Mark today's date: July-9 2019 - this day marks the official last day of SQL Server 2008 and 2008 R2 support, and has been in the lifecycle calendar since the day it released, 10 years ago. This means there's no more product updates coming, and Microsoft Support will no longer take support calls for discontinued versions. But there are options, so please read on.
SQL Server has one of the longest support lifecycles in the industry, which is maintained even in our latest release (SQL 2017 and soon SQL 2019): 5 years of mainstream + 5 years of extended support.
During the first 5 years (mainstream), Microsoft updates any given SQL Server release with enhanced capabilities, closes feature gaps, and addresses functional, performance, and security bugs.
In the 5 years of extended support, Microsoft addresses security bugs until the 10-year mark.
And if you move to Azure SQL Database, even with Managed Instance, then support lifecycle become a thing of the past. With an evergreen model, Azure SQL Database always runs the latest release of the SQL Database Engine code that is the same you run in your on-premises SQL Server. You can leverage the Azure Data Migration Service (DMS) to do online migrations to Azure.
How do we keep the continuous deployment model, and still don't break applications? That's because any feature or functionality that could be potentially affecting an application's functionality or performance is gated by compatibility levels. This protects your database that was created in Azure years ago from changing behavior throughout time with the continuous release model we have in Azure. See more information in the article Compatibility Levels and SQL Server Upgrades.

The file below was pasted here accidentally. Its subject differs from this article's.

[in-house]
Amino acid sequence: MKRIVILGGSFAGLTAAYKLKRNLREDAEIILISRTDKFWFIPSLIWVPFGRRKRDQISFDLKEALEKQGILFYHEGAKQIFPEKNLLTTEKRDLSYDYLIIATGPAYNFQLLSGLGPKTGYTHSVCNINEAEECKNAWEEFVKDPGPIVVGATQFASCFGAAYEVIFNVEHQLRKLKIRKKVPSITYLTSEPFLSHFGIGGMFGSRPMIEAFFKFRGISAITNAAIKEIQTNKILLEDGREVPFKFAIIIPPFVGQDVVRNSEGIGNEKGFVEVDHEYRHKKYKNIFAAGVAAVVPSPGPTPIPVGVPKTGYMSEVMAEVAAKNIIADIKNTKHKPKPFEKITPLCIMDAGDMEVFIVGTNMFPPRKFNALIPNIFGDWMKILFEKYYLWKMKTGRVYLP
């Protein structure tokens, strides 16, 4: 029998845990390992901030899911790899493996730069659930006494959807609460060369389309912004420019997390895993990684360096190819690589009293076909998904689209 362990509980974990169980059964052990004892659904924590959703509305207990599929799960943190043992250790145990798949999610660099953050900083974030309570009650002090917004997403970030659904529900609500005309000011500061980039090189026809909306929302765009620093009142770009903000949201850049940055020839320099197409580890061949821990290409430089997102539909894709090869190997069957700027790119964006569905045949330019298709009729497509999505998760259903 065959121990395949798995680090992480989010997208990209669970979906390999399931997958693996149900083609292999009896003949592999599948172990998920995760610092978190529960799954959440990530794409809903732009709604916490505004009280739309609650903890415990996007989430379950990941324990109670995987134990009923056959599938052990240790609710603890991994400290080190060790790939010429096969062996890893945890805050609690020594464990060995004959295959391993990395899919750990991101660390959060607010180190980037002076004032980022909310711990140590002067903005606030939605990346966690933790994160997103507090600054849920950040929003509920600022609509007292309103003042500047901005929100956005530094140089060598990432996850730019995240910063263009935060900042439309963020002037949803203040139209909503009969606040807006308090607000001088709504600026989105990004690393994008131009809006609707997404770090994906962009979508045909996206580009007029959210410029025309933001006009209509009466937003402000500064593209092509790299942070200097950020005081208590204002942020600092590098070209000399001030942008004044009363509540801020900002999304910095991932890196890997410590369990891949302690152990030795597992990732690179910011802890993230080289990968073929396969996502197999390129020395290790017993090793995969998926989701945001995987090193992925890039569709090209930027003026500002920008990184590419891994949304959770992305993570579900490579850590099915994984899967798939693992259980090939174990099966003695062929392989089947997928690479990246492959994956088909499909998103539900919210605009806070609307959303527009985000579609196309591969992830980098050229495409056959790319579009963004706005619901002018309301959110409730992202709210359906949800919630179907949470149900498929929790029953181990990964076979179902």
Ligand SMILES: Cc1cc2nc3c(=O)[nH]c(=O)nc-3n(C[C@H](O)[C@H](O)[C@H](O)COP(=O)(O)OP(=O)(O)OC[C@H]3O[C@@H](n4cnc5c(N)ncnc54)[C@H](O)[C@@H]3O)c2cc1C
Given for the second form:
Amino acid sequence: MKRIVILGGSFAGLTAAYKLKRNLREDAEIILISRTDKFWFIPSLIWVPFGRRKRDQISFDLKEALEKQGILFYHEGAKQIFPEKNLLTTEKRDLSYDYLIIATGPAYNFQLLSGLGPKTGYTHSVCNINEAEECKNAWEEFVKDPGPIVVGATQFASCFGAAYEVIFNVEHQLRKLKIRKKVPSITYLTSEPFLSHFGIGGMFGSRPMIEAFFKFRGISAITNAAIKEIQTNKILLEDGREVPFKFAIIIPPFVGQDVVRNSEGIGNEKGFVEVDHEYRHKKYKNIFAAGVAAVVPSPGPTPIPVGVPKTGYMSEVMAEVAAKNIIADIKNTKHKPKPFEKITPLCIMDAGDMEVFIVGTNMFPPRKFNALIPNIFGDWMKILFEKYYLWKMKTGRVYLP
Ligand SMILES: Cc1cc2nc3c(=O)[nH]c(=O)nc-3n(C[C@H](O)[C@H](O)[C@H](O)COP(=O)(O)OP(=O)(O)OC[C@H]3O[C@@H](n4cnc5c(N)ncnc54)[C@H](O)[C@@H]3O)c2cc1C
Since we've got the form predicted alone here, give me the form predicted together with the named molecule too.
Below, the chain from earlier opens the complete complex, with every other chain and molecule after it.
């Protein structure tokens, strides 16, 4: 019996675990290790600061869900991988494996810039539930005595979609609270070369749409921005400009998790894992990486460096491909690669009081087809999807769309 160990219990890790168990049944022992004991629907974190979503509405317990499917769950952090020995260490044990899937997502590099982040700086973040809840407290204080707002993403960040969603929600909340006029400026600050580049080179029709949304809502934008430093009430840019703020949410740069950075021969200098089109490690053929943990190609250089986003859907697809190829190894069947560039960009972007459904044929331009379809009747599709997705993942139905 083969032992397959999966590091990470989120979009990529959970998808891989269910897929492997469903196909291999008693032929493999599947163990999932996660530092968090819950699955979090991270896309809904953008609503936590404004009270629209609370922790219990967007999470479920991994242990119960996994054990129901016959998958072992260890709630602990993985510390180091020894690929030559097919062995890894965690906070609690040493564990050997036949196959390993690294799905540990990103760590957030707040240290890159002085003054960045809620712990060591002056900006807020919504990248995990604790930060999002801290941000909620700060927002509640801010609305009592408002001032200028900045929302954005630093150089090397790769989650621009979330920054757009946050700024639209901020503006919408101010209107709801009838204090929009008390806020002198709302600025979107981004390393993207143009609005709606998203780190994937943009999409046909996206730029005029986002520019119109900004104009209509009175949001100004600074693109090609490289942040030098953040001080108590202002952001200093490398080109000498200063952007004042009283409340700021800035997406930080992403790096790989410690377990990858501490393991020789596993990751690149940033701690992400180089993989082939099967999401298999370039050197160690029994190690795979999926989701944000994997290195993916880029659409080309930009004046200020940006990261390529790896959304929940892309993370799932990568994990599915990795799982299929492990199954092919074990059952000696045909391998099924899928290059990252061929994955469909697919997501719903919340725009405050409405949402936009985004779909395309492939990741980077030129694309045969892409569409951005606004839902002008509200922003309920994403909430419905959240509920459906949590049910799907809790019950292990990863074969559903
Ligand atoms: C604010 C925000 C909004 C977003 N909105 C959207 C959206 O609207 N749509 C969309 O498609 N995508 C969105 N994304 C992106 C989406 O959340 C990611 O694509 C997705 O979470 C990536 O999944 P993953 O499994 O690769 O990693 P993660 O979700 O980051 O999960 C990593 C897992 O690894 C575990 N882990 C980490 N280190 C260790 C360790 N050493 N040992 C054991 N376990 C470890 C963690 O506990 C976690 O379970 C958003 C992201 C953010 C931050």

Wait, SQL 2008 released in July 2008, but SQL 2008 R2 released in May 2010 - why are these two share the same end-of-support date?
This is because both SQL Server releases share the same major version number: version 10. Different major version numbers have a different lifecycle. In SQL Server's history, the only time a major version number was shared was precisely with SQL 2008 and 2008 R2. You can see that for yourself in the article How to determine the version, edition, and update level of SQL Server and its components.
If you were somehow caught off guard with the end-of-support date, there are options in order to maintain the supported status of your SQL Server estate:
Download security updates for ESU-enabled SQL Server instances
An ESU subscription for Azure SQL VMs that are configured for automatic updates doesn't require any further action. For SQL Server on-premises or in hosted environments, or on Azure VMs that are not configured for automatic updates, you need to download and install a security update manually.
To be able to download a critical security update (if and when released over the next 3 years), you must first register the SQL Server instances for which you are eligible to access those updates. For more information, see Downloading Extended Security Updates.
Here are a few useful links to help you navigate your options:
There are options to move forward and keep leveraging the innovations, scalability, robustness, and ease-of-use of the SQL Server platform, either in your own datacenter or in the Cloud. And knowing the options allows organizations to make informed decisions about data estates that are best suited for their rhythms.
Pedro Lopes ( @SQLPedro ) – Senior Program Manager
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